Of equal ambiguity is the side effect profile of deep brain stimulation. Whereas the surgical complications implicated with deep brain stimulation, such as hemorrhage, surgical revision of hardware, and infection, are more apparent and objective, the assessment of psychiatric and neurologic manifestations of adverse effects tend to be more discreet and protean, from patient to patient. This vagueness is multifactorial in origin. Firstly, patients may simply not relay these complaints to their respective physicians. Reciprocally, the physician, in turn, may not ask the appropriate questions in order to elucidate ongoing adverse side effects. It is plausible that even if side effects are reported, they may not be documented if they do not meet some arbitrary threshold level of severity. Moreover, it is sometimes hard to differentiate between pre-existing symptoms and comorbidities from the precipitating side effects of DBS. Furthermore, certain side effects tend to manifest over time and occur with latency. An example of this insidious onset is axial symptoms in Parkinson disease. Lastly, as science further evolves and behavioral derivatives of neurocircuitry are mapped out, it is possible that what was once celebrated as therapeutic gains from DBS treatment, will now be regarded as red flags. For example, whereas the spontaneous onset of initiative in STN-stimulated Parkinson disease patients was once applauded as progress, it is now, unfortunately, considered to be the pathological manifestation of disturbed impulse control.[17] However, current scientific literature demonstrates that deep brain stimulation is relatively safe overall and is associated with only minimal and perhaps negligible side effect profile. Nonetheless, the following includes a list of reported side effects: mild gait or speech disturbances, affective liability, worsened depression, seizure, difficulty concentrating, confusion, and headache.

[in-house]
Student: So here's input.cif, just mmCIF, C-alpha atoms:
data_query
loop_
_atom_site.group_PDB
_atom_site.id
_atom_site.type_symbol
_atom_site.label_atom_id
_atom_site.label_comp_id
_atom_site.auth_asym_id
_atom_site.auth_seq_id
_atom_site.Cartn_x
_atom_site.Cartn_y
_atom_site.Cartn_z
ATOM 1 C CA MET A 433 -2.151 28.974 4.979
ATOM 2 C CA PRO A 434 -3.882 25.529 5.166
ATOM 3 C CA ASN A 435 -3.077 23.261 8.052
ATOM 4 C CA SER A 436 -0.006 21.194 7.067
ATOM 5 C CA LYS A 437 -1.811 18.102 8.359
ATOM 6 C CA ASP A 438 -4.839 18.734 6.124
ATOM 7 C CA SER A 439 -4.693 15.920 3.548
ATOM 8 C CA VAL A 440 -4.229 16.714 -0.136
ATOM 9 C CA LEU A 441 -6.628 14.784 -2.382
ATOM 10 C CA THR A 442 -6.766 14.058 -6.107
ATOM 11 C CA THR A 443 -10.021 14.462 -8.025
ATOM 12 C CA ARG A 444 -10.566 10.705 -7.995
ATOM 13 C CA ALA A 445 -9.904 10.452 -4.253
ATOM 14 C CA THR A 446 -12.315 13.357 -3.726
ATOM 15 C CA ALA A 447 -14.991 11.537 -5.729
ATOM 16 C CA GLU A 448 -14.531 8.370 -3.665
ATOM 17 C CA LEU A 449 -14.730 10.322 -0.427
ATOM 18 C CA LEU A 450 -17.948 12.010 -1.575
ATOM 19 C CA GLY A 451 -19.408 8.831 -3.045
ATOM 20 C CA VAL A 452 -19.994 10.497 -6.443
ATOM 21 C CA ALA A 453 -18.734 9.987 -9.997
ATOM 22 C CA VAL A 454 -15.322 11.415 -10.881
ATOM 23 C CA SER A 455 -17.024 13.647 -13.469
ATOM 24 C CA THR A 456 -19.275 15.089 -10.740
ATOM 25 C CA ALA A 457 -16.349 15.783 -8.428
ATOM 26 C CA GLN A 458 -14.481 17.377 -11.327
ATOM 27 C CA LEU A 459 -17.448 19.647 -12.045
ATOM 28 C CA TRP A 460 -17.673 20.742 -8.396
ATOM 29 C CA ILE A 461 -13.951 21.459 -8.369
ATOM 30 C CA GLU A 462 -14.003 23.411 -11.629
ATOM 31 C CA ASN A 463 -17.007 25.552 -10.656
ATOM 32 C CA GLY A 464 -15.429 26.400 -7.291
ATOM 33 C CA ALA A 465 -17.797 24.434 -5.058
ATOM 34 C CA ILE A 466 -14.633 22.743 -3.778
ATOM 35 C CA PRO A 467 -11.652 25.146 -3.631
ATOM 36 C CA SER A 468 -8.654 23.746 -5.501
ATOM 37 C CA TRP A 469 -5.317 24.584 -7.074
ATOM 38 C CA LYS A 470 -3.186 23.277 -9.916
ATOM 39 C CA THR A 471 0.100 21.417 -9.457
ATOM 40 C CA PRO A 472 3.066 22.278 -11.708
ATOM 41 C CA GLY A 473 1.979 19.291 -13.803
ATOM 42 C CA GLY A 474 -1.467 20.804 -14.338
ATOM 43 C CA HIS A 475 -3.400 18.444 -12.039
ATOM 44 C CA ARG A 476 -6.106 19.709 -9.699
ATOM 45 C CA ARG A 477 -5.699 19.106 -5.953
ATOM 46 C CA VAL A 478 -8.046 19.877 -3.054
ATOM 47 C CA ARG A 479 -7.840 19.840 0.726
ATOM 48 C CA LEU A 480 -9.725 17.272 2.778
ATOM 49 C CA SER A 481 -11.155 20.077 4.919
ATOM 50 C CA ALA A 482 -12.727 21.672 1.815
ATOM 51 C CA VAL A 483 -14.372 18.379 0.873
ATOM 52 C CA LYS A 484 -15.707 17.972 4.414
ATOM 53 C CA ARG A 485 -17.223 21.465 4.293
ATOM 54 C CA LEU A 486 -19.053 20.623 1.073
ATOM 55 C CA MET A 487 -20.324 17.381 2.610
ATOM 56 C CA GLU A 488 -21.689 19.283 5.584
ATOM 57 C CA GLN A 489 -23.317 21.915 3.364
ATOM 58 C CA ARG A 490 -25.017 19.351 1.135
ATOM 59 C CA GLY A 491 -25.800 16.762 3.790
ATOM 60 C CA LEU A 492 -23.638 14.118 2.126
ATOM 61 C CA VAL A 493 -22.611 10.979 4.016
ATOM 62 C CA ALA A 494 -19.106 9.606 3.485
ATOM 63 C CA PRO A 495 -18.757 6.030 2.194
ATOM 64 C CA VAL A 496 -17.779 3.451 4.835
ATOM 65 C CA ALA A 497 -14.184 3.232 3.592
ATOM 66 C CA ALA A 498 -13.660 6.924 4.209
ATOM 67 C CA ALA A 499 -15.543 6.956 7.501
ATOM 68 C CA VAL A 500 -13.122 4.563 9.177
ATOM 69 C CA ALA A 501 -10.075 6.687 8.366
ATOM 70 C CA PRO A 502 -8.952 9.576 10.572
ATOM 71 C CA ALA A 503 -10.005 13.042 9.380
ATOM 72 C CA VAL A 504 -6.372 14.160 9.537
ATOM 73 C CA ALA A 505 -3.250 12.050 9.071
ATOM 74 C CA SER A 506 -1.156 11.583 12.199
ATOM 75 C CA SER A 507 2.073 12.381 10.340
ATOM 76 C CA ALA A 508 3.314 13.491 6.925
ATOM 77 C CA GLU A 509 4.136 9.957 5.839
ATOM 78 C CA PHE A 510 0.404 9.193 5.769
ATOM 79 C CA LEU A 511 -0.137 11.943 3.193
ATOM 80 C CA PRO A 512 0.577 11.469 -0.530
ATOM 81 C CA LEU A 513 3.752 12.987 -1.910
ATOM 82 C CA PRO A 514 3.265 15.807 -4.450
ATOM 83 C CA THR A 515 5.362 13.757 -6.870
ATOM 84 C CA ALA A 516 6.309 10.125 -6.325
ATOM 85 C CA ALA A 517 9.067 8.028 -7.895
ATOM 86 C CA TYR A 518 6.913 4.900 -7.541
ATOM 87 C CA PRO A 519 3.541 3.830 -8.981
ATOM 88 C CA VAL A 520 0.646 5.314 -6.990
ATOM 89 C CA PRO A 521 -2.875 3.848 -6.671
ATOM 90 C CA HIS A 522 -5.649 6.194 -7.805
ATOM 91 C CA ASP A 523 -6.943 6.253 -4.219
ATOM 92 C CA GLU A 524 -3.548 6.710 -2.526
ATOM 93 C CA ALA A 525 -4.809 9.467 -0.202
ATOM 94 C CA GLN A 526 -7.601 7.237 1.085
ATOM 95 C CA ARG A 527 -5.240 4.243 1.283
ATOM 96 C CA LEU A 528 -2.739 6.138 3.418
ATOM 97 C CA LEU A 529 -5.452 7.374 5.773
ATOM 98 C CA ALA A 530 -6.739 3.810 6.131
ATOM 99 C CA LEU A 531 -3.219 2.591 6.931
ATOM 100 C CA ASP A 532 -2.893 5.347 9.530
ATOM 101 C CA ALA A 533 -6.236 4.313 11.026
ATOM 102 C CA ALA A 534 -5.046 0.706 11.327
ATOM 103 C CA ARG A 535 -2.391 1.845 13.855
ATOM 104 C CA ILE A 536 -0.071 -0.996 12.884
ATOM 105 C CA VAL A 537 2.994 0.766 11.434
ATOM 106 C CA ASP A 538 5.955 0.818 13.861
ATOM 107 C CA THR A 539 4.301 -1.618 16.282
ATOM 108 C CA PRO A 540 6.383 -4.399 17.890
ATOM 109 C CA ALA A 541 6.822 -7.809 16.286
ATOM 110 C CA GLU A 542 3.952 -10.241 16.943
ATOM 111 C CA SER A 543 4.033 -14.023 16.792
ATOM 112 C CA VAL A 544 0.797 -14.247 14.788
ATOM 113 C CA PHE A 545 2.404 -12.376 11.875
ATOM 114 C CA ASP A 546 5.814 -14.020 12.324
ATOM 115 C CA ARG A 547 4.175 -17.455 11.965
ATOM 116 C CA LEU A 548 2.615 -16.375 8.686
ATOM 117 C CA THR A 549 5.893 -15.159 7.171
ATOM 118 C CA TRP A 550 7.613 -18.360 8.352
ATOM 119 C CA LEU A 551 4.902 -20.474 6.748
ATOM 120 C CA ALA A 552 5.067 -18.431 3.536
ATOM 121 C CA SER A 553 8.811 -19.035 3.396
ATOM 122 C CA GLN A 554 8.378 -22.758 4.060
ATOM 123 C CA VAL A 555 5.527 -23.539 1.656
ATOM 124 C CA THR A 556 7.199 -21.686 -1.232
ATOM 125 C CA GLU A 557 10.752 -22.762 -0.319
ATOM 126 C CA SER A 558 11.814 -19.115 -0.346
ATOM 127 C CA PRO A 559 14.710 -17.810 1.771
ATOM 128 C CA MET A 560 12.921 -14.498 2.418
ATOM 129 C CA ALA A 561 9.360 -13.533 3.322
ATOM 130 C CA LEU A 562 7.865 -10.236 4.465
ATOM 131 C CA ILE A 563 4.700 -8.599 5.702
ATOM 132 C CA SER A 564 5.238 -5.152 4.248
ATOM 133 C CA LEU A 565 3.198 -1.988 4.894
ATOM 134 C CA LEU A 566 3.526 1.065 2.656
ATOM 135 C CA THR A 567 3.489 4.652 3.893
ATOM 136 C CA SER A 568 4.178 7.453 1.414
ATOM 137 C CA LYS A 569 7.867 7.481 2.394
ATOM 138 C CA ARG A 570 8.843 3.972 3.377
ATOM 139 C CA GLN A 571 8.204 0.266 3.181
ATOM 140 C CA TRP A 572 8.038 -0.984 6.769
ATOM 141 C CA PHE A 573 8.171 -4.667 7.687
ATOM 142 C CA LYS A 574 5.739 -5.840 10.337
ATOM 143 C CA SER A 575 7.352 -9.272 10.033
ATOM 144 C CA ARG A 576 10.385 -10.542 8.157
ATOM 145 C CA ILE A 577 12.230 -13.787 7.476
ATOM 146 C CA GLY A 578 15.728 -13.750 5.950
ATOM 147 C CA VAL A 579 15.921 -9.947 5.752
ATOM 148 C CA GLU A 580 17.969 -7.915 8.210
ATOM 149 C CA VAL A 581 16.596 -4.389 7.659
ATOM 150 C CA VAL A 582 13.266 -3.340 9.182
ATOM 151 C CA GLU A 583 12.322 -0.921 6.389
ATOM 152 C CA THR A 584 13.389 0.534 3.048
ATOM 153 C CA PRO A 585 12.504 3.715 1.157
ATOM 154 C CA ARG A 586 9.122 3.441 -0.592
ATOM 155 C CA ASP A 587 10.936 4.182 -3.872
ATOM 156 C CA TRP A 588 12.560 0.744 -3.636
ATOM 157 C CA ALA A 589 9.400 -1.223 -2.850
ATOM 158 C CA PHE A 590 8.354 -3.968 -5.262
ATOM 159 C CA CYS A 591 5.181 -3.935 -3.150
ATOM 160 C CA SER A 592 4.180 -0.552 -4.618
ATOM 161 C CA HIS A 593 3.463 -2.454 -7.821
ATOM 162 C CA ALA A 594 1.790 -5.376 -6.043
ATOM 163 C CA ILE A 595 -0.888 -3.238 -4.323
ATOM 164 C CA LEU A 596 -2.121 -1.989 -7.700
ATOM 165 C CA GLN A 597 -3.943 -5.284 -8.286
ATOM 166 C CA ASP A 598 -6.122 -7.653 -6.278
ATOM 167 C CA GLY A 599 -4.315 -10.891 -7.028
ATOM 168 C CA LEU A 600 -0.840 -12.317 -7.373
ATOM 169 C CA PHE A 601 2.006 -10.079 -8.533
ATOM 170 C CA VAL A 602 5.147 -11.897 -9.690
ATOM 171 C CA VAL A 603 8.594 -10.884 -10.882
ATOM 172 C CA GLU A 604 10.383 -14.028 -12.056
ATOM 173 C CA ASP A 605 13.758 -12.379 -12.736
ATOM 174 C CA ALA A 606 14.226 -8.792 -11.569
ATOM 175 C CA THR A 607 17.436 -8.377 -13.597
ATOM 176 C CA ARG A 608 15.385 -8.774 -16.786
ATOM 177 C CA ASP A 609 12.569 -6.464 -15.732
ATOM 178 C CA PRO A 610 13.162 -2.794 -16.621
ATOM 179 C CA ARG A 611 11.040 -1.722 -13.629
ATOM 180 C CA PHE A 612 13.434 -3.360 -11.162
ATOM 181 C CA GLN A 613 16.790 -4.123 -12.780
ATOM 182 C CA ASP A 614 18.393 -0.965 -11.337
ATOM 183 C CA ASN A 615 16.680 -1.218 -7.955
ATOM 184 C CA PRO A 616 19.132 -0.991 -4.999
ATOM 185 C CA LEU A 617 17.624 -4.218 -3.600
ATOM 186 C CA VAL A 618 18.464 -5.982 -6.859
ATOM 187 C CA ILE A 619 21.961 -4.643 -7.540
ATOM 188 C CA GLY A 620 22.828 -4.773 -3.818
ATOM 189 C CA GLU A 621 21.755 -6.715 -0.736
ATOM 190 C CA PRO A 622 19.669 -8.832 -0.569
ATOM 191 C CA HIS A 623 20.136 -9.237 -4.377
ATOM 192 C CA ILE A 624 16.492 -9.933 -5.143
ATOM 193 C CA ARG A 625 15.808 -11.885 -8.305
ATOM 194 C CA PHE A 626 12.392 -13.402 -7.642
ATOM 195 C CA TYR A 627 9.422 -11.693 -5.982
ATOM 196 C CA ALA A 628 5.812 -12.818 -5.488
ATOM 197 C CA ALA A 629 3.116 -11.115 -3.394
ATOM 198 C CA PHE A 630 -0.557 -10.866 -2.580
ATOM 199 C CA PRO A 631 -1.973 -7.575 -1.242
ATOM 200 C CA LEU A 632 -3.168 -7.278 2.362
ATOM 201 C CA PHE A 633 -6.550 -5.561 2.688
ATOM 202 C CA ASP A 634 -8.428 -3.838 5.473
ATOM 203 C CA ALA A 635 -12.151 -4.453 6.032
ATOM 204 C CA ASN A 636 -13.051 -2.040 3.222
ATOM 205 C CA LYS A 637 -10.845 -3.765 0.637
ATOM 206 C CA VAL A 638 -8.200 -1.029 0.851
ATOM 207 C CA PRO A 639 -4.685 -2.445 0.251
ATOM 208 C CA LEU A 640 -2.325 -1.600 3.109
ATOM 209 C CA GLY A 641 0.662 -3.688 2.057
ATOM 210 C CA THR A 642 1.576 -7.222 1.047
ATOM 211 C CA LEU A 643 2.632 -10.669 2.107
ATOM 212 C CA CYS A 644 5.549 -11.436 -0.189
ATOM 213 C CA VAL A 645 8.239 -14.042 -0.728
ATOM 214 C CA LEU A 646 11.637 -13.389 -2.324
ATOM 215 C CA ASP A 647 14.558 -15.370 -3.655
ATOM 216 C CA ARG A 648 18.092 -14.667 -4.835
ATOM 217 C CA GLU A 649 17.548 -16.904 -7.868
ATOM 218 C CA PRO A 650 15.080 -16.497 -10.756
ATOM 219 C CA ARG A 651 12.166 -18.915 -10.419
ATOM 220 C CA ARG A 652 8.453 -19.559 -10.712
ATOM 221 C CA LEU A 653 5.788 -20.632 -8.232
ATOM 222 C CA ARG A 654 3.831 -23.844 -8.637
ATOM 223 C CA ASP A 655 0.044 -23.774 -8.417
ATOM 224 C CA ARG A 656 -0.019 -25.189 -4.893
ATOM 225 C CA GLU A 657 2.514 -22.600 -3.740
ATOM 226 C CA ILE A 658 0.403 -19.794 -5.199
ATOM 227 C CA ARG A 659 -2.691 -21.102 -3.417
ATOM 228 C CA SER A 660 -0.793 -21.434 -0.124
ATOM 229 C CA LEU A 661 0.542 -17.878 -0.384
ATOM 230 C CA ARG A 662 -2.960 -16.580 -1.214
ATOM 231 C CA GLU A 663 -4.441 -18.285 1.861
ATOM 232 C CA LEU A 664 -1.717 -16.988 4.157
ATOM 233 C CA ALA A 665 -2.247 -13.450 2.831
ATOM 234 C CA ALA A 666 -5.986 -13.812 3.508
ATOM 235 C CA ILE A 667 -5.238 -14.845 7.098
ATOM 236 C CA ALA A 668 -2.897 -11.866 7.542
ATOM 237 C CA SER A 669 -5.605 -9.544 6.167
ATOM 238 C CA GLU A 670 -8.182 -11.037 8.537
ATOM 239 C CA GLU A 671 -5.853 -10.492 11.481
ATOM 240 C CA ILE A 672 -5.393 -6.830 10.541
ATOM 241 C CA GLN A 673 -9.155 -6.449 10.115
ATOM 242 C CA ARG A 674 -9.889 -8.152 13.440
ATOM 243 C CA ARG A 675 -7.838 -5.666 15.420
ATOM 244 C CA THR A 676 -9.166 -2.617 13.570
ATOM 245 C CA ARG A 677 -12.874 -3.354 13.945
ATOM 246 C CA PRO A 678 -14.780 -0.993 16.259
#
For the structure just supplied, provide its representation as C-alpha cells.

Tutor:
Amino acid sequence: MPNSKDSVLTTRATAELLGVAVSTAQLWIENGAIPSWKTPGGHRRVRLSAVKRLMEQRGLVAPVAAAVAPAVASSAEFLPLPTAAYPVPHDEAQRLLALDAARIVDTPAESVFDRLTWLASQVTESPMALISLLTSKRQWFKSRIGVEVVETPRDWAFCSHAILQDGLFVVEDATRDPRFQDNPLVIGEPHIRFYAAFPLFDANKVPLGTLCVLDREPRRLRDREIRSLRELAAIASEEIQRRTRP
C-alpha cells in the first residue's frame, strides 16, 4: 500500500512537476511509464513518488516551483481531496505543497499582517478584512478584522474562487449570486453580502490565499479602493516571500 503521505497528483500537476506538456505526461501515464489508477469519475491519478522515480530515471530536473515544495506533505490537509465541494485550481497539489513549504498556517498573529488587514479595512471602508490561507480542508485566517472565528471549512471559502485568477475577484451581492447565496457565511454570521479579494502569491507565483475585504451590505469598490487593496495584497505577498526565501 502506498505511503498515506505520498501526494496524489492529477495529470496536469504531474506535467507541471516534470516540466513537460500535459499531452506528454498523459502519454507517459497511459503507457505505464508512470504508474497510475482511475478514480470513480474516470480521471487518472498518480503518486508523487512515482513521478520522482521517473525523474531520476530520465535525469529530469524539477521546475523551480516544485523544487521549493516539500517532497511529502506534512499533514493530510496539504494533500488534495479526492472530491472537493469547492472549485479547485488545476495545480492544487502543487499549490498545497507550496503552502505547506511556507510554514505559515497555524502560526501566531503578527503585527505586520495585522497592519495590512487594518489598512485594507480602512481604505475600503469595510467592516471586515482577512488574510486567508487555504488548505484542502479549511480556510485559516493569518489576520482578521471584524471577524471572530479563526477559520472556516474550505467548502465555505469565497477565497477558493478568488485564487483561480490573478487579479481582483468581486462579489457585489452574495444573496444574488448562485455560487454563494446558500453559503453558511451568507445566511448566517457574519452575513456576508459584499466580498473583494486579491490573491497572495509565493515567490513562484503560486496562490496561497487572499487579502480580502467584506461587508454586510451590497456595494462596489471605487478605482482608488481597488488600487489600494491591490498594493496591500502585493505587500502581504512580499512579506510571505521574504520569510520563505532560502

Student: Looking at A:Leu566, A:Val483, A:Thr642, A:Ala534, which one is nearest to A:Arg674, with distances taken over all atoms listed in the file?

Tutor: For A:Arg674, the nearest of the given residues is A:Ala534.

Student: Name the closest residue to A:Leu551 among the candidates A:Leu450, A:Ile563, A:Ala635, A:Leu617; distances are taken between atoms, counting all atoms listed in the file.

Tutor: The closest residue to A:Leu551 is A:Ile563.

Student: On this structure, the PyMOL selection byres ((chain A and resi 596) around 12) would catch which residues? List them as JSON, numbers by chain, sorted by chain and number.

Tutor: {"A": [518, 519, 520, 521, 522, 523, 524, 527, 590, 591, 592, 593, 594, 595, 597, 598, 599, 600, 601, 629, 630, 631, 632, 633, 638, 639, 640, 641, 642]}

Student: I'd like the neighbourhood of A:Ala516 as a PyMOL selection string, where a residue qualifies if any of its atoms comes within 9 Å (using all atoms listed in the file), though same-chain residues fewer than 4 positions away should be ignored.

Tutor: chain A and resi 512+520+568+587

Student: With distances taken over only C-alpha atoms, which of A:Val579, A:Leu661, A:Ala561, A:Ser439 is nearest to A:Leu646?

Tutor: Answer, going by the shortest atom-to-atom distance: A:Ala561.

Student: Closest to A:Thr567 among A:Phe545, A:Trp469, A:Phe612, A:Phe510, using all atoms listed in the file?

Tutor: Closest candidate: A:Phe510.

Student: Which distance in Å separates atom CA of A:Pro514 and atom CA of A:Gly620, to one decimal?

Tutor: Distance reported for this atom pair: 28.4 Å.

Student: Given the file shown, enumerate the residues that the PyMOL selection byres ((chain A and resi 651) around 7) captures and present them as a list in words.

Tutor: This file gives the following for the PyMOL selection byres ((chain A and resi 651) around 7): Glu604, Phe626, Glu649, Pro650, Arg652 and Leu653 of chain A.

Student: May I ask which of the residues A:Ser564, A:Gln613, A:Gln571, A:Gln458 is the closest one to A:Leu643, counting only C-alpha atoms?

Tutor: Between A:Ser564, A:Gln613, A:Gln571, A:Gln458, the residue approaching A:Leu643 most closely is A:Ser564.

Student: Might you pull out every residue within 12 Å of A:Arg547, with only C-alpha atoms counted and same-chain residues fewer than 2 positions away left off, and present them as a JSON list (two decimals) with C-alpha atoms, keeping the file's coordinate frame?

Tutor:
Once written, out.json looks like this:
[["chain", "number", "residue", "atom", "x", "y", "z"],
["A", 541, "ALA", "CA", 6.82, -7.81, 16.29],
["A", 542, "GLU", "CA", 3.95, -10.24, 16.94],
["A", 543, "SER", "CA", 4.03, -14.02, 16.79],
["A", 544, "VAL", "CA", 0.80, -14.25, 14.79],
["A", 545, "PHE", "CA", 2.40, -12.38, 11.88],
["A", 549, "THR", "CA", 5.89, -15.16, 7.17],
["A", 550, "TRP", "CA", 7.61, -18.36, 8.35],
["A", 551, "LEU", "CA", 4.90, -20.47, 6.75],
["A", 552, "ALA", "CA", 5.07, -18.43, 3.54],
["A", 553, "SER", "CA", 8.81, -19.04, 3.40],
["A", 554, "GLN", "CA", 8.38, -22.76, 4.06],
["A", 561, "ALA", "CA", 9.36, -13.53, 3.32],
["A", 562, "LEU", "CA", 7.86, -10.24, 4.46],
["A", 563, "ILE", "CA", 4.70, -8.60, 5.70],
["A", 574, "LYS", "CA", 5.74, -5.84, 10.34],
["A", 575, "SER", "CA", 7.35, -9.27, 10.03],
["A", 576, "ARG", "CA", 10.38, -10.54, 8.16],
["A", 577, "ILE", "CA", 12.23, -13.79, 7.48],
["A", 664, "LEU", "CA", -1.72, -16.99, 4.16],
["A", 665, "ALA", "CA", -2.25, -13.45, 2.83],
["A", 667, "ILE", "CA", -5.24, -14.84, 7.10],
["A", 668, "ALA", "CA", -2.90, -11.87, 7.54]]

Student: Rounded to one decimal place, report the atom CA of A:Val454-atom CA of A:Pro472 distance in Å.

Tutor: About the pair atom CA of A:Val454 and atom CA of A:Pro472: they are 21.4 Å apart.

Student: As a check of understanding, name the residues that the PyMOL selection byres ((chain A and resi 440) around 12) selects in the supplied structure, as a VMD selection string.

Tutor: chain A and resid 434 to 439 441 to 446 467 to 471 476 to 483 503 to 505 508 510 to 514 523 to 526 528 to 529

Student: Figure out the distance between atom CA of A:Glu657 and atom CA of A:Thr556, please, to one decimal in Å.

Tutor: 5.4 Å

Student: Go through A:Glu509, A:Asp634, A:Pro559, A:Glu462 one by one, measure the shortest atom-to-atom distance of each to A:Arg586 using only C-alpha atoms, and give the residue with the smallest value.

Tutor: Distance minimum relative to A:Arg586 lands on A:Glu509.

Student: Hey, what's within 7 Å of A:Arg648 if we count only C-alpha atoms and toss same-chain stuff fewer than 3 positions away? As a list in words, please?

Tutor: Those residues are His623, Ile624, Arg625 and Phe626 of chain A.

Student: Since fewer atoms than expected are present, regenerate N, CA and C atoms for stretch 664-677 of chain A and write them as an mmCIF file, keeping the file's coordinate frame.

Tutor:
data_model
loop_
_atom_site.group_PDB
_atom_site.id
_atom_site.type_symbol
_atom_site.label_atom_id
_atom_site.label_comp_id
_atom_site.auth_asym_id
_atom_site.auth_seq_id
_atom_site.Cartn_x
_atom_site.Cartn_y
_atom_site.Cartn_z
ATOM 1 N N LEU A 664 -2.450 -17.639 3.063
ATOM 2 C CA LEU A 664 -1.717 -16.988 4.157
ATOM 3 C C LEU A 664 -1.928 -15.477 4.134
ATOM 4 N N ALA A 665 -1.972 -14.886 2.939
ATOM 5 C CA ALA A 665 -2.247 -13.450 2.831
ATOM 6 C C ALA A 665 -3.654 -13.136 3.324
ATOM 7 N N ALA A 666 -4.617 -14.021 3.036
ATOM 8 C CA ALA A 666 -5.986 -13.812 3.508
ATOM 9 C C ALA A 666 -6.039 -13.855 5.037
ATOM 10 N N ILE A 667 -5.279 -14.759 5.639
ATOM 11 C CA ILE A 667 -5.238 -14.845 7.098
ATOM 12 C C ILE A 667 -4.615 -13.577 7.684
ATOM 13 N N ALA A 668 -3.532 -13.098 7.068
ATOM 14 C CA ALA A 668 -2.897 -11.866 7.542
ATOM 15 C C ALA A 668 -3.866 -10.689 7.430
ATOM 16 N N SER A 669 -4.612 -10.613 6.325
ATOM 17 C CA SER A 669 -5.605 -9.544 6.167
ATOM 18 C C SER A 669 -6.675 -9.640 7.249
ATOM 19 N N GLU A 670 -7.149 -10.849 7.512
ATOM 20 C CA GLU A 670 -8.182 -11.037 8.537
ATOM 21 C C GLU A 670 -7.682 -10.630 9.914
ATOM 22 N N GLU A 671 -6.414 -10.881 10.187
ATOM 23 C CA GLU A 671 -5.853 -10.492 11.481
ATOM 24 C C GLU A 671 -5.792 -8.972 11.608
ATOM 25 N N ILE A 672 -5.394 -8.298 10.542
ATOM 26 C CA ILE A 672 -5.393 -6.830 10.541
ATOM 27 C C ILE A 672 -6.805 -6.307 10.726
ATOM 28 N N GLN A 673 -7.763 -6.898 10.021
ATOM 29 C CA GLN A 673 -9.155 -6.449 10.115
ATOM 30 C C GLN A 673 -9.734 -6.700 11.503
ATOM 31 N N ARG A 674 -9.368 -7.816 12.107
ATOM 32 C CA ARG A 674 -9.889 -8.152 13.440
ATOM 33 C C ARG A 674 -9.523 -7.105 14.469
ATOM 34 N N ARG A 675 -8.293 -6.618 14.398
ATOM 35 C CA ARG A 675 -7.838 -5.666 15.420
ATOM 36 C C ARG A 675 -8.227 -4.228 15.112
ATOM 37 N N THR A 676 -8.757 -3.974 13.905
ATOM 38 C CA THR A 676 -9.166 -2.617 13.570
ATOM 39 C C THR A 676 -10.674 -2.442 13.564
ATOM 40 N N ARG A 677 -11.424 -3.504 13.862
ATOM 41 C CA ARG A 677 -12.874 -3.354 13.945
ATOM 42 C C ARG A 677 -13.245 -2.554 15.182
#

Clinical Significance

Deep brain stimulation has the potential for robust application, and has specifically been heralded as offering "a new life for people with Parkinson disease."[16] DBS has already been awarded FDA approval for essential tremor, dystonia, Parkinson disease, and treatment-refractory obsessive-compulsive disease. Ongoing studies are investigating the possible off-label use in addiction, autism, anorexia nervosa, anxiety disorders, and schizophrenia.

Enhancing Healthcare Team Outcomes

The literature is abundant, with studies demonstrating the benefits of interprofessional collaboration. Patient outcomes such as decreasing morbidity and mortality rates, optimizing medication dosages, and reducing preventable adverse drug events have been shown to improve via interprofessional collaboration.[18][Level 4] Not only does this benefit the patient, but it also benefits the health care workers, by increasing job satisfaction and reducing extra work.[18] Successful DBS requires integrative, collaborative communication, and care. An interprofessional DBS team should include an experienced surgeon (with expertise in functional neurosurgery), a movement disorder neurologist, psychiatrist, neuropsychologist, and neuropsychologist. The nurse plays an integral role in assisting the patient gain maximum benefit from the surgical intervention. All healthcare workers must be engaged and in sync for the patient to achieve optimal results. 

"This research was supported (in whole or part) by HCA Healthcare and/or an HCA Healthcare affiliated entity. The views expressed in this publication represent those of the author(s) and do not necessarily represent the official views of HCA Healthcare or any of its affiliated entities."


References